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Gabriel Shaibi

Gabriel Shaibi, Outstanding Faculty Mentor 2018-19
Gabriel Shaibi
College of Nursing and Health Innovation, Center for Health Promotion and Disease Prevention
2018-19

His integrity has provided valuable lessons around ethics, service and rigor as a scientist. Dr. Shaibi meets with me on an individual basis to provide weekly mentorship. He meets with our research team weekly to review data, provide feedback on projects, and teach on topics such as the NIH grant submission process.

I am confident that I will be prepared for the job market because of the time and attention that he gives to mentoring me. Whether it’s working with IRB, analyzing data, or grant writing, Dr. Shaibi has pushed me to be a better scientist.”

Erica Soltero, Postdoctoral scholar

Since joining the faculty ranks, my approach to mentoring has focused on developing action-oriented critical thinkers who appreciate the value of rigorous academic research that has real-world impact. My research program is centered around the cross-cutting theme of obesity-related health disparities. 

As such, I work with a transdisciplinary team that includes researchers, clinicians and community partners. Within this context, I have had the privilege of mentoring individuals from multiple disciplines, at various levels of education, across institutions, who come from diverse cultural backgrounds. This diversity has supported a tremendous fusion of ideas and approaches for tackling such a complex problem, and the inclusive nature of our team has enhanced our collective capacity to advance the science, train the next generation, and improve the health of vulnerable and underserved populations in our local community.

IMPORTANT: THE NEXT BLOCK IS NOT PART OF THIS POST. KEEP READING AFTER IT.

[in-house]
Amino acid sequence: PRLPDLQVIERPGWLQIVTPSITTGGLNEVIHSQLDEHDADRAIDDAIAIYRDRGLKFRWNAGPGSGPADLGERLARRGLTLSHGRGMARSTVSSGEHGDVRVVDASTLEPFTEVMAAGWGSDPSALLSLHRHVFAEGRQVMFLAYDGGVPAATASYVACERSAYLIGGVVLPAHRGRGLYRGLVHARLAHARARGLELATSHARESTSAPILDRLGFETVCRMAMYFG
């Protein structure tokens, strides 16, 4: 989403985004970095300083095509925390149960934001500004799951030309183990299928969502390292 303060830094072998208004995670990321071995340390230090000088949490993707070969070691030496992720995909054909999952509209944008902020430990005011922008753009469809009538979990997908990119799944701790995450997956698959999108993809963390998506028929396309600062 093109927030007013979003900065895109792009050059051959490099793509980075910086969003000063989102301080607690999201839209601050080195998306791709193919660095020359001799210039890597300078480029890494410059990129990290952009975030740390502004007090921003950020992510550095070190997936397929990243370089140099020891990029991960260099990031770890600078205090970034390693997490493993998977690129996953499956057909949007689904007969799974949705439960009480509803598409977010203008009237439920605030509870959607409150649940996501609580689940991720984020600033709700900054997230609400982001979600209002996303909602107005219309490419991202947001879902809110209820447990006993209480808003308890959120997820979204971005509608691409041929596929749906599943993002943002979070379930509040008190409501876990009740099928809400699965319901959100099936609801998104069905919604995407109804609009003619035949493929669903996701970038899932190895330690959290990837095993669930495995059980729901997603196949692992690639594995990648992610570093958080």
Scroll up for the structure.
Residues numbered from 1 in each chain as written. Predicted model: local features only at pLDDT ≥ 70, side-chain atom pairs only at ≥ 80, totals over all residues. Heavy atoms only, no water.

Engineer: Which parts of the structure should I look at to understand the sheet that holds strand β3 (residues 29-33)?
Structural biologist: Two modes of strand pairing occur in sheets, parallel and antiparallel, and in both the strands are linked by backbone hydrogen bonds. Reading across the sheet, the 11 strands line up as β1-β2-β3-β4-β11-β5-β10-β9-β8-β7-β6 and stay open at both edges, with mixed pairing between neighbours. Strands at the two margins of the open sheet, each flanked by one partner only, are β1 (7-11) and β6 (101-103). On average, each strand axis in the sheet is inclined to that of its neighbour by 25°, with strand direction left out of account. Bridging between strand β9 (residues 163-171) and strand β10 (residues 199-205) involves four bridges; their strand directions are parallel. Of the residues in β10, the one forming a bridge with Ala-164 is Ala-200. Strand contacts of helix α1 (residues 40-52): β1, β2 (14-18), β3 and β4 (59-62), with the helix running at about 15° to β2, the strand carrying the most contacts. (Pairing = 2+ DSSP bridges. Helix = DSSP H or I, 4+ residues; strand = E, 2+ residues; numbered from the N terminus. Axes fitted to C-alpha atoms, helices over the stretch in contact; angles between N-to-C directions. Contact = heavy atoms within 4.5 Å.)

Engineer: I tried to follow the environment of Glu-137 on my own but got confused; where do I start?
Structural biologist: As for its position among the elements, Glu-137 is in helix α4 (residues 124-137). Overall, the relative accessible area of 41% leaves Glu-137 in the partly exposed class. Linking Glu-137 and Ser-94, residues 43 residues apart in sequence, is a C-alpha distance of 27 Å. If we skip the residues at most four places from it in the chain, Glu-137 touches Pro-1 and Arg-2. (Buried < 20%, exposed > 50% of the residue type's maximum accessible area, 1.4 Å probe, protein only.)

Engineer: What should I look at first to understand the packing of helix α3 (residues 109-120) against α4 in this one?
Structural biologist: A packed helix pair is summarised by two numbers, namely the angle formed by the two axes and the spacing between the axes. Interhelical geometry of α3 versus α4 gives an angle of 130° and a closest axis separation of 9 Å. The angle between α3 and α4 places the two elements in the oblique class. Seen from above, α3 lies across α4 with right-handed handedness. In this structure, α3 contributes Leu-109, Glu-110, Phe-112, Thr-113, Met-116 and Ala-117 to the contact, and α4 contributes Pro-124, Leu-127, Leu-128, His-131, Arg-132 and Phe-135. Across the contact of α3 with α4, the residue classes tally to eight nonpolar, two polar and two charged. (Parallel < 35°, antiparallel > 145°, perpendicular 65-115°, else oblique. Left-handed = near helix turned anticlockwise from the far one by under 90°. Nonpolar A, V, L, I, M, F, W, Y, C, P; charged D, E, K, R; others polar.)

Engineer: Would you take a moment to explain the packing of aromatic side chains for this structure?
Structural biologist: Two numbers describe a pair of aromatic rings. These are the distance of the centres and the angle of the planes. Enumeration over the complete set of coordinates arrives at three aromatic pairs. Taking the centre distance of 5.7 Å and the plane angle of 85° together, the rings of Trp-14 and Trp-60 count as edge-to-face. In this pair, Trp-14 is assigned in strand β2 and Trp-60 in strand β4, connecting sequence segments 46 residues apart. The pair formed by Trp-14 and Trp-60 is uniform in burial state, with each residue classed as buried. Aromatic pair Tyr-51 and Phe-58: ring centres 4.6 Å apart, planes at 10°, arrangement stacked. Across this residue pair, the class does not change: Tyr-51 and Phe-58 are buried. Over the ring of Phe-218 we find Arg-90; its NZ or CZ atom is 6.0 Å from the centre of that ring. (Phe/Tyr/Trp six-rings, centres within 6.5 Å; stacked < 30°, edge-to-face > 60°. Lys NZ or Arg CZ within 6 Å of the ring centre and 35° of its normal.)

Mentoring Philosophy and Approach

Mentoring is one of my most important and fulfilling roles as a faculty member, and I see mentorship as an additional opportunity to improve health equity. Therefore, I take a pipeline approach with an emphasis on mentoring individuals from populations that are historically underrepresented in science and who come from communities that experience disproportionate rates of obesity and Type 2 diabetes. The mentorship pipeline in my lab has extended from high school students to junior faculty. Regardless of where they are in the pipeline, I emphasize critical thinking, hands-on experience, appraisal of the primary literature and contributing to scientific advancement through dissemination. Although this is my general framework, the most important component of mentoring is developing an individual connection and aligning the relationship towards a trajectory of growth. Long-term goals and career aspirations of the mentee are used to guide individual learning plans, coordinate activities, develop products, and build a network for academic success and career advancement.

Mentoring Record